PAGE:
Professional ethics: Publishing a student's project

Phillip Bigelow n8010095 at cc.wwu.edu
Sat Jun 24 03:01:51 EST 1995


sam.scheiner at asu.edu (Samuel M. Scheiner) writes:

>Here is a question on the ethical treatment of a student. I have a MS student 
>who completed a research project almost a year ago. In the last nine months he 
>has done almost nothing to complete analysis of the data or write up the 
>results for his thesis despite repeated discussions with me and his committee. 
>At this point I have serious doubts whether he will ever finish.

>Ethical decisions:

>1. How long should I wait before I simply take the data and publish it myself, 
>with him as co-author of course? What sorts of ultimatums are reasonable?

You should hold-off doing anything until the time-limit (if there is one) has
passed.  If I were you, I would be up-front with the student regarding what
your agenda is.  Tell him you fully intend to publish whether he finishes or
not.  Don't do anything without giving him ample warning.
  You have an additional problem if you act without his consent:  If you go
ahead and publish the results, and *then* your student decides to return and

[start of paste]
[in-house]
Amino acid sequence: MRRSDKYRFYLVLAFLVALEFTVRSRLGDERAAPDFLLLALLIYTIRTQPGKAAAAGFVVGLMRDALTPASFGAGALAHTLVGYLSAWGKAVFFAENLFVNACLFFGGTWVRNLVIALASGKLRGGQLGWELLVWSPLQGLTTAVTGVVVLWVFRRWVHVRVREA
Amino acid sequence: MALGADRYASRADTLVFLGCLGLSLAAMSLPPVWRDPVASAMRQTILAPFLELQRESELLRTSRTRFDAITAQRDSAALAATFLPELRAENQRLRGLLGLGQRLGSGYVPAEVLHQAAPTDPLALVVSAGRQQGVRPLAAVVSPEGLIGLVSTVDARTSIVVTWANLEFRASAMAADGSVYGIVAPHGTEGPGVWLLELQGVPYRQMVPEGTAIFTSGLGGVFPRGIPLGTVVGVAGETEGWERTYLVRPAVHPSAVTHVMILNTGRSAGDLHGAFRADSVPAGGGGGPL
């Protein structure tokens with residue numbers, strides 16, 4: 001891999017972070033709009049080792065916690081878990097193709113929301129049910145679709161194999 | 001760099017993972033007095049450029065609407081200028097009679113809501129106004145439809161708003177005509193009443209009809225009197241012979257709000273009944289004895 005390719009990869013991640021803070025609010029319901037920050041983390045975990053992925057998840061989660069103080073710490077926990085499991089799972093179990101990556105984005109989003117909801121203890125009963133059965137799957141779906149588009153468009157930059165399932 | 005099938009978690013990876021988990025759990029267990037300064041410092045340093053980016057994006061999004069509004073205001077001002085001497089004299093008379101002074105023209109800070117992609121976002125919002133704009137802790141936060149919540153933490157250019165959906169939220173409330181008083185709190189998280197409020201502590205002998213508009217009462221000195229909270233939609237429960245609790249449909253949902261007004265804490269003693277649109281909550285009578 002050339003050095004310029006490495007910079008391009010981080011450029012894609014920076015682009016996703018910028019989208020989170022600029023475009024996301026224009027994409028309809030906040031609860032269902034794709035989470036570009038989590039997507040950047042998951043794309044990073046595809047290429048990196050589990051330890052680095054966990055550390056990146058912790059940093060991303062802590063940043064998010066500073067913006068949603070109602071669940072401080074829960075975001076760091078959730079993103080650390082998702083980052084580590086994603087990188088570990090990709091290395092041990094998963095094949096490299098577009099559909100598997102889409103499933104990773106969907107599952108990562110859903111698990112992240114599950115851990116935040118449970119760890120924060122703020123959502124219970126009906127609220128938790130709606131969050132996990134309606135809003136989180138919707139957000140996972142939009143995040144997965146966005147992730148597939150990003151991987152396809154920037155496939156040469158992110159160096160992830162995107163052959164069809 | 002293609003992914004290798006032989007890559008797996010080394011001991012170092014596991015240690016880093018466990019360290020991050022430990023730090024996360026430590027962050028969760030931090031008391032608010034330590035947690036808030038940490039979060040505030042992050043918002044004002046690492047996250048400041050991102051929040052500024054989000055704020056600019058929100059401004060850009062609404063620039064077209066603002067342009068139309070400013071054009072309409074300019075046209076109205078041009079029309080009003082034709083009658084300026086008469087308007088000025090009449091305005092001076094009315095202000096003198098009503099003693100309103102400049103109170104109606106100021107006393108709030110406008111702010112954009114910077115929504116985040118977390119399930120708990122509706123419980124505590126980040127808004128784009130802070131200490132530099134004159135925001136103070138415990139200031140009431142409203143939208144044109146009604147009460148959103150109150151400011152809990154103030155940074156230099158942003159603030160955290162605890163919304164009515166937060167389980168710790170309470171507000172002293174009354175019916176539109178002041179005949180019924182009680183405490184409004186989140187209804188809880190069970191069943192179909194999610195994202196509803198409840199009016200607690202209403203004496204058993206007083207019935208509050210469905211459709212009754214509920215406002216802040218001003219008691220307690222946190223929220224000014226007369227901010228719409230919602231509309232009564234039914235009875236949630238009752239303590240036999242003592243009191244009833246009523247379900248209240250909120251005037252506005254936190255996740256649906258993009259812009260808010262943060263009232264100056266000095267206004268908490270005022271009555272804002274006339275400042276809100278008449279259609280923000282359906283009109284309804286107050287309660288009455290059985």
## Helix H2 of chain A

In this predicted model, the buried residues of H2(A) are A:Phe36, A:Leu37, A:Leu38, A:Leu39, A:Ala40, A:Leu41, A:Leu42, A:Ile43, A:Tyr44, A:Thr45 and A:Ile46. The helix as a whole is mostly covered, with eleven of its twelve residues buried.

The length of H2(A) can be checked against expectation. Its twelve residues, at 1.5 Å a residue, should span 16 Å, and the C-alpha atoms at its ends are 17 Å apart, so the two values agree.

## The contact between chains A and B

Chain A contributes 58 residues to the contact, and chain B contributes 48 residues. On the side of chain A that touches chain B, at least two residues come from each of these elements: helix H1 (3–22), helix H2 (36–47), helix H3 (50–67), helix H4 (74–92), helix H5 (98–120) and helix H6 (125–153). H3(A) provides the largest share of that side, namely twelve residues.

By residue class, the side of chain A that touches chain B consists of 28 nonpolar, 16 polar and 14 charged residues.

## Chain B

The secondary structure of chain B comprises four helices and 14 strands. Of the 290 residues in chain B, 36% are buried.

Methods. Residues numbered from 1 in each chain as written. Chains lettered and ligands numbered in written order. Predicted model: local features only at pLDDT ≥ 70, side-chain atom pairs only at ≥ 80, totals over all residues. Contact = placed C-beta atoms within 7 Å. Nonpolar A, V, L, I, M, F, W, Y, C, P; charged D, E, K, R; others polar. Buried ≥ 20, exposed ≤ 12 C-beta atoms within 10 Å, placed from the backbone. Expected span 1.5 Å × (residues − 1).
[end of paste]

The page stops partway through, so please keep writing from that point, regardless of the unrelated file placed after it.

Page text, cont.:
finish his thesis, you have corrupted the student-teacher reltionship by
"doing" his thesis for him.  An ethics review board at your school would
not look favorably on you for allowing this to have happened (if this does
occur, I hope you have tenure   :-)  

>2. [Just to broaden the discussion] Does the extent of my imput matter? In 
>this case I provided the initial idea, much of the detail on experimental 
>design, and a fair amount of labor both directly and indirectly by hiring 
>extra help. [And you ask, how much work did this guy actually do?] But, can 
>we come up with general principles?

  I don't think your input should have any bearing on this at all.  Your
student is the one doing the project.  The results are his.  Although it isn't
"copyrighted work", it still is his property.  If he burns the manuscript
drafts and the floppies tomorrow, it is not much different than if he burned
one of his text books.  The large amount of *your* input is inconsequential.
  Another way to look at your dilemma is this way:  If this work was so
important to you, you probably should have done the research yourself, and
never given it to a student as a MS thesis project in the first place. 




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